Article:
Owning a second home provides an opportunity for fun getaways or investment income – and often both. Before tax time takes the enjoyment out of ownership, understand IRS rules for vacation homes and keep records accordingly. The rules are the same for houses, condominiums, mobile homes, boats, or anywhere, so long as, lodging is the purpose.
When to report or not report rental income
- Do not report income if you rent the property for less than 15 days in a calendar year.
- If you use the rental property as a home, then you can’t deduct rental expenses in excess of the rent you collect.
- Personal use of the property includes any use by your family, other property owners and their families, and anyone who pays less than a fair market rental price.
- Deduct mortgage interest, points for closing, commissions, rental payments, insurance, repairs, cleaning and maintenance, taxes, utilities, management, legal, or other professional fees, auto, travel, and local transportation expenses, advertising, and depreciation.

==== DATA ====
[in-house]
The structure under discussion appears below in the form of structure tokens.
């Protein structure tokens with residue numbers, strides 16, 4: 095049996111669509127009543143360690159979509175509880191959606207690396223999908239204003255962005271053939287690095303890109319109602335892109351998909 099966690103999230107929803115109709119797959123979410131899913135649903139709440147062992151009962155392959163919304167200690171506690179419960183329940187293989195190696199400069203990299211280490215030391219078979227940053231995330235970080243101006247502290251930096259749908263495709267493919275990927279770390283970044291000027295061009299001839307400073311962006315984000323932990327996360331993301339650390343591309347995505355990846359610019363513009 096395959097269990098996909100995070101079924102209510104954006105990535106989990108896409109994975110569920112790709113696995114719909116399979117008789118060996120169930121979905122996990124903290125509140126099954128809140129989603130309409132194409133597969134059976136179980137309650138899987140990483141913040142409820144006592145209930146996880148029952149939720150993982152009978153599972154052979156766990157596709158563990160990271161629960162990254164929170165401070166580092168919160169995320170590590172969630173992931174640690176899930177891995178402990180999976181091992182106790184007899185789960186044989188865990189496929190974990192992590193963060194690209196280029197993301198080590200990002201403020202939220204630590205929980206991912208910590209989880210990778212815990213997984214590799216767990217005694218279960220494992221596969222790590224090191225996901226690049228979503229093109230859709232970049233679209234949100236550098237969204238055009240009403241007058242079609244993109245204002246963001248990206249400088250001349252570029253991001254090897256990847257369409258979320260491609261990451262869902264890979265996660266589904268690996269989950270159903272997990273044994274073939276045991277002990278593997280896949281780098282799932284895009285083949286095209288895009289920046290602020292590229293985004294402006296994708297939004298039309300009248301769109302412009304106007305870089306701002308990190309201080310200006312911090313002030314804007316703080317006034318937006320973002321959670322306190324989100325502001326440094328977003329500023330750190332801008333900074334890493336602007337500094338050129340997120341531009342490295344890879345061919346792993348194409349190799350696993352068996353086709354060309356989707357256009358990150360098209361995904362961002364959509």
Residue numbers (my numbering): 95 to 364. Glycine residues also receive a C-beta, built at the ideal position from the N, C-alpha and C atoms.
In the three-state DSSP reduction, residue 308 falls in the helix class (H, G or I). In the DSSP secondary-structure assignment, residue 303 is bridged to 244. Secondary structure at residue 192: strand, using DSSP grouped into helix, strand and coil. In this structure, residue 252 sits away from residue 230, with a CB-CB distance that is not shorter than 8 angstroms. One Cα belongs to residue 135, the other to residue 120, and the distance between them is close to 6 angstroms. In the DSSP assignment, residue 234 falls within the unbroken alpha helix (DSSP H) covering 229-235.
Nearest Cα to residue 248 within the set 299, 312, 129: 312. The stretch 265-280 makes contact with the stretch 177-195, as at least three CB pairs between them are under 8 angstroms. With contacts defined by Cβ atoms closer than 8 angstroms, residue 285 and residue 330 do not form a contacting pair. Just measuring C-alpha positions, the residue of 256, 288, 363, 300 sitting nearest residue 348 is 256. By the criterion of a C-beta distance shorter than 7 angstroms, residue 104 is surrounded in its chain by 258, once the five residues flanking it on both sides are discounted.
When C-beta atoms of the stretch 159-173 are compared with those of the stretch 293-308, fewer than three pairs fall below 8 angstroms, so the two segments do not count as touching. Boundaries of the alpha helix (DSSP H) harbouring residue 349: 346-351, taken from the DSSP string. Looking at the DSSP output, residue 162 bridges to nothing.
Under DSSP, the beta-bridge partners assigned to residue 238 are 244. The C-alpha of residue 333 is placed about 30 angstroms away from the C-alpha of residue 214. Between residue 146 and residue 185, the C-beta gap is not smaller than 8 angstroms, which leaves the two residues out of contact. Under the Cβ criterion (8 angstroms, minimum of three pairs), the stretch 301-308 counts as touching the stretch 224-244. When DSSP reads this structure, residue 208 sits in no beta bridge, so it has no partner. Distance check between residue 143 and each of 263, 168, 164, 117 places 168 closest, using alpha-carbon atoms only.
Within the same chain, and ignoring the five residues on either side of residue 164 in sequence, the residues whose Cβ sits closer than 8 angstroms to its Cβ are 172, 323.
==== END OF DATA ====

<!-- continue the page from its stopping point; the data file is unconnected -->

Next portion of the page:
- Keep all records and divide the expenses between personal and rental use. The best way to do this is to keep records of number of days used for each – personal/family/less than market value rent and market value rent.
- Report expenses in the year that you pay for them. So if you get a bill in December 2015, and pay it in January 2016, report the expense for 2016.
- Vacation home rental is supplemental income and loss, and files on Schedule E of the annual tax return.
- The Net Investment Income Tax may apply if your modified adjusted gross income exceeds the statutory thresholds of: $250,000 married filing jointly; $125,000 married filing separately; $200,000 for single or head of household; $250,000 qualified widow(er) with a child. The Net Investment Income Tax is 3.8%.
If you have a vacation home, or are considering purchasing one, talk with a Salmon Sims Thomas tax advisor.